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Two Tech Problems and One Ethical Problem With Voicemail

It's just a matter of time before hackers get inside our heads.

They have already gotten inside our bodies -- literally. If you have a pacemaker, you know what we're talking about.

Now the hackers can take over our lives through our voices, sort of. It's a voicemail hack.

Forget Russian Spies; There Could Be One in Your Office

Now that the dust has settled on the Russia hack in the presidential election two years ago, we can all go back to our regularly scheduled programming. Right?

After all, the next presidential election is two years away, so who cares! It's not like Russian spies care about what's going on at your office. Right?

In case you were wondering, however, a new hack turned some Amazon Echo speakers into spies. That's right, even if nobody else is listening, your smart speakers may be.

While the speculation that robots will one day take jobs away from people is often cast as a negative, there's one industry most of the world will be glad to see destroyed by AI and robots: phishing scammers.

In a recent Ars Technica report, the newest tools cybersecurity experts use to fight back against phishing scammers is discussed at length. And while it doesn't provide much practical advice for individuals, it proposes taking the next steps of coupling the currently available technology with more robust machine learning.

However, as we've all seen over the years, when one door closes, hackers seem to just find another way in.

Voting by Smartphone -- Yea or Nay?

People can do almost everything on their cell phones, but that doesn't mean they should vote with them.

That's the debate going on in West Virginia, where officials plan to allow voters living overseas to do it via smartphone. Security experts, on the other hand, think that's not smart at all.

With the 2018 election season in full-swing, it may turn out to be 2016 all over again.

According to a recent report out of local Silicon Valley newspaper, the Mercury News, tech companies in the Silicon Valley area being targeted by Russian spies employing the "honeypot" routine.

What's a "honeypot" routine, you ask? Well, it's basically the stuff movies are made of. In short, it involves a spy engaging in a romantic relationship with a target in order to extract information. And in Silicon Valley, where tech companies rely on investor confidence, these honeypot spies present a potential security hole that tech visionaries might not be equipped to handle.

Clients to Lawyers: Protect Our Data, Or Else

A lot of outside counsel are going to lose their jobs if they don't improve their cybersecurity.

According to a new report, seventy percent of companies are "somewhat confident" that their outside attorneys adequately protect their data. Nine percent are "not at all confident."

For the law firms with superior cybersecurity, that could be good news. For the rest, it's time to get serious about it.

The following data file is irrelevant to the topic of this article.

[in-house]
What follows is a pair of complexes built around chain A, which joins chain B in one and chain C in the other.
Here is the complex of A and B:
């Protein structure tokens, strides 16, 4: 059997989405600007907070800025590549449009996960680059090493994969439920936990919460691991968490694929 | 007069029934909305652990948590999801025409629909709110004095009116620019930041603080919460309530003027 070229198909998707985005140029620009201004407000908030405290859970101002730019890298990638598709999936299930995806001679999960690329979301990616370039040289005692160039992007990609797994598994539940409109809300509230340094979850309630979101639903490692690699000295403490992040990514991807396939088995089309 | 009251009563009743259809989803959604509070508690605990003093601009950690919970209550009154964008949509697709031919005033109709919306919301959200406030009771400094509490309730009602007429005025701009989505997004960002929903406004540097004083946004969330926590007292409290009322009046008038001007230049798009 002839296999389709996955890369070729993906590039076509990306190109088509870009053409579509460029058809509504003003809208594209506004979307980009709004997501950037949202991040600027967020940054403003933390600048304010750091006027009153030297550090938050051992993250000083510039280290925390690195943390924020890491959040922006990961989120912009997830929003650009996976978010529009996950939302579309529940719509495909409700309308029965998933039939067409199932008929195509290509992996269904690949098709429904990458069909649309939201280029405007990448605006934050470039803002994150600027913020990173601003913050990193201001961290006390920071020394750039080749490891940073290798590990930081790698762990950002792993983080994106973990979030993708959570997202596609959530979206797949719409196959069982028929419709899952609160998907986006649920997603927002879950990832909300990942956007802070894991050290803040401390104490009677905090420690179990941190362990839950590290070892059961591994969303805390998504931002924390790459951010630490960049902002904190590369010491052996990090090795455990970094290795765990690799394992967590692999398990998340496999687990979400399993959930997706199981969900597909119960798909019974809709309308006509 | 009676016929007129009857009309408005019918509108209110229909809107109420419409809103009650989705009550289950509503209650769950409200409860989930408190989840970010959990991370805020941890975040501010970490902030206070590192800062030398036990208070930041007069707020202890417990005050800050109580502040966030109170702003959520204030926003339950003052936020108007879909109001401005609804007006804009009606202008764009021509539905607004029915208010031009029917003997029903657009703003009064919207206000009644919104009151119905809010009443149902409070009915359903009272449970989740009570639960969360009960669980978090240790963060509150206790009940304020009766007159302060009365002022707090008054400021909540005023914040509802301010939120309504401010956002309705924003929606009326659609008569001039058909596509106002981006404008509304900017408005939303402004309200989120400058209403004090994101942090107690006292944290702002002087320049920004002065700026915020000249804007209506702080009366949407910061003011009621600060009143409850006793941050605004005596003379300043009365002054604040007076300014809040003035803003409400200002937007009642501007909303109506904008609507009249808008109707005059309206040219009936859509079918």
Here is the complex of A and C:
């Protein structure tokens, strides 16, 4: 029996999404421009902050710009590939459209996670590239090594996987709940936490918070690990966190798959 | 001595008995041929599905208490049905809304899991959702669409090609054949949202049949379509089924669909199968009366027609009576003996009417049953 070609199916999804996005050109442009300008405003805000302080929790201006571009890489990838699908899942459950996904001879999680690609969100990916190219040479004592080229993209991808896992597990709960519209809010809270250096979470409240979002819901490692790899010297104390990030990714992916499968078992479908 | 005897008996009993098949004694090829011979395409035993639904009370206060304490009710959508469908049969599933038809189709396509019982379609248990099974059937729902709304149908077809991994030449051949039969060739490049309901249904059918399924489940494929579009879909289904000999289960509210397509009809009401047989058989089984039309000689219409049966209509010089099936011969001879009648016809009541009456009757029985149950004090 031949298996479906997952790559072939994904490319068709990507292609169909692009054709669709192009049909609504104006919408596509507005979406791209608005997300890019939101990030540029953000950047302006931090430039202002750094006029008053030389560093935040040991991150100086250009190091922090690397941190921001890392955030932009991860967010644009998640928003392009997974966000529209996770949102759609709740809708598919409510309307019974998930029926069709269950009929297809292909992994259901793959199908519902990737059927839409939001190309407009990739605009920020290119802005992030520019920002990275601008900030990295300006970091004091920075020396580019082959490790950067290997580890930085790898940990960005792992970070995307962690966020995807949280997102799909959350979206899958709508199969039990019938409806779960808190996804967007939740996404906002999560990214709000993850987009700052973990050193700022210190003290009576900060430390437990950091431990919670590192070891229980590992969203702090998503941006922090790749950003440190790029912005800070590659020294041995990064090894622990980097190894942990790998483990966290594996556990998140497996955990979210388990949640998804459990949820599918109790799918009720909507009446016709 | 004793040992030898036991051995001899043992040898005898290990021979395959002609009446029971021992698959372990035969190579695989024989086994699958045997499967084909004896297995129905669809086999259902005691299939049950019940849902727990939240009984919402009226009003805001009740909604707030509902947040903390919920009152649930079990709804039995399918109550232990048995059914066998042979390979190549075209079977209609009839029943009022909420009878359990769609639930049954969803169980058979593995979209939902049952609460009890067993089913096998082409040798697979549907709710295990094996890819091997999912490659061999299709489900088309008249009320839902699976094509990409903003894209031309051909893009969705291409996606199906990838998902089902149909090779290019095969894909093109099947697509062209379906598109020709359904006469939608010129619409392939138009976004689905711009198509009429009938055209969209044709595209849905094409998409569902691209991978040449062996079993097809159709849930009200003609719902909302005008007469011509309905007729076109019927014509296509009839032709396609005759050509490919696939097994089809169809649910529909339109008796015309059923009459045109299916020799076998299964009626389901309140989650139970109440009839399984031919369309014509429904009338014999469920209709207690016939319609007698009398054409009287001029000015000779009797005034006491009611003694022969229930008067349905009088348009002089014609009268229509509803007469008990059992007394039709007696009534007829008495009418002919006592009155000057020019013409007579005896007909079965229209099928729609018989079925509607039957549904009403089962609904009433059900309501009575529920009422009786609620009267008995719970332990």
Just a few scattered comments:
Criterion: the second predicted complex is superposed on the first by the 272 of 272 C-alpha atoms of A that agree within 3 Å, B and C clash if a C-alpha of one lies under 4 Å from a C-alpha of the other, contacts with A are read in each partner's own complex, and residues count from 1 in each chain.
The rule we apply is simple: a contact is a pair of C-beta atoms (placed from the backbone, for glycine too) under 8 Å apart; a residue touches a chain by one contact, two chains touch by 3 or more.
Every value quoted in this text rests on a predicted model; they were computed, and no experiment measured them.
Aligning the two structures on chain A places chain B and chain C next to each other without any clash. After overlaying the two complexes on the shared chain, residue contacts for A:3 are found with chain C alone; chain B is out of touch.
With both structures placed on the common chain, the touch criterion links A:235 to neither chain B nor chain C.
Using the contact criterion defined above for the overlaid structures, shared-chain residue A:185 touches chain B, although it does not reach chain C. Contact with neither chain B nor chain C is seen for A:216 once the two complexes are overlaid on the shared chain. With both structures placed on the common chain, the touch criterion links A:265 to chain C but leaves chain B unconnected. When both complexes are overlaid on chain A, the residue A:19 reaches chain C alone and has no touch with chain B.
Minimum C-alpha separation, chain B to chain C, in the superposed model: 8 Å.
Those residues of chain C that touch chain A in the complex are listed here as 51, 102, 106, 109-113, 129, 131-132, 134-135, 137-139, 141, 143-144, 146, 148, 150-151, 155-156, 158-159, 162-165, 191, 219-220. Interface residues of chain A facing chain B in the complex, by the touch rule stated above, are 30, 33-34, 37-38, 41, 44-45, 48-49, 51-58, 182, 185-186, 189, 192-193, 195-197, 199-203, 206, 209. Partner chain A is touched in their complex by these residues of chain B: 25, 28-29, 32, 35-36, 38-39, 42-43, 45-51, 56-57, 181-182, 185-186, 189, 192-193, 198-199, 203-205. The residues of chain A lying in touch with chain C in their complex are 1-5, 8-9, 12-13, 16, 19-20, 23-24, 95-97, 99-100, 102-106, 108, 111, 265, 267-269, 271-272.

Researchers Discover 11 Million People Getting Snooped Online

Snoopware is not fashionware from Snoop Dog. It's software that snoops on your web browsing.

Researchers recently discovered snooping wares that affect Android and iOS users, as well as people who have installed Google Chrome and Firefox extensions. So yeah, everybody.

The good news is that only 11 million people have been snooped so far. The bad news is the hackers can see every single website users have visited -- ever. That's enough to make even Snoop Dog change his habits.

German Court: Facebook Must Give Deceased User's Messages to Family

Ho hum, a foreign court ruled against an American company for information and not damages. No problemo, right?

Wrong, especially when the company is an international force like Facebook. A German court ruled the social media giant must give up messages left behind by a deceased family member.

It's a big deal, not just because it sets a precedent for future cases. But when a company loses almost $120 billion in stock value in a day, everybody is watching for what's next.

These days, the last thing any company wants is to be put on blast by social media or a watchdog group with a good reputation and powerful following (like the ACLU).

Unfortunately for Amazon, the ACLU conducted an experiment using the company's new facial scanning software, Rekognition, to show just how dangerous it could be for law enforcement to be using facial scanning tech. In short, when the ACLU ran the faces of the members of the United States legislature through the software, it returned false positives for 28 members of Congress.

iPhone Update Blocks Police Passcode Cracking Tools

Apple really stuck it to the man with its latest software update.

In a move worthy of a counter-culture revolution, Apple released iOS 11.4.1 and took on the Establishment. The operating system blocks tools police have used to crack iPhone security.

It may look like a routine update, but make no mistake about it. Apple rocks.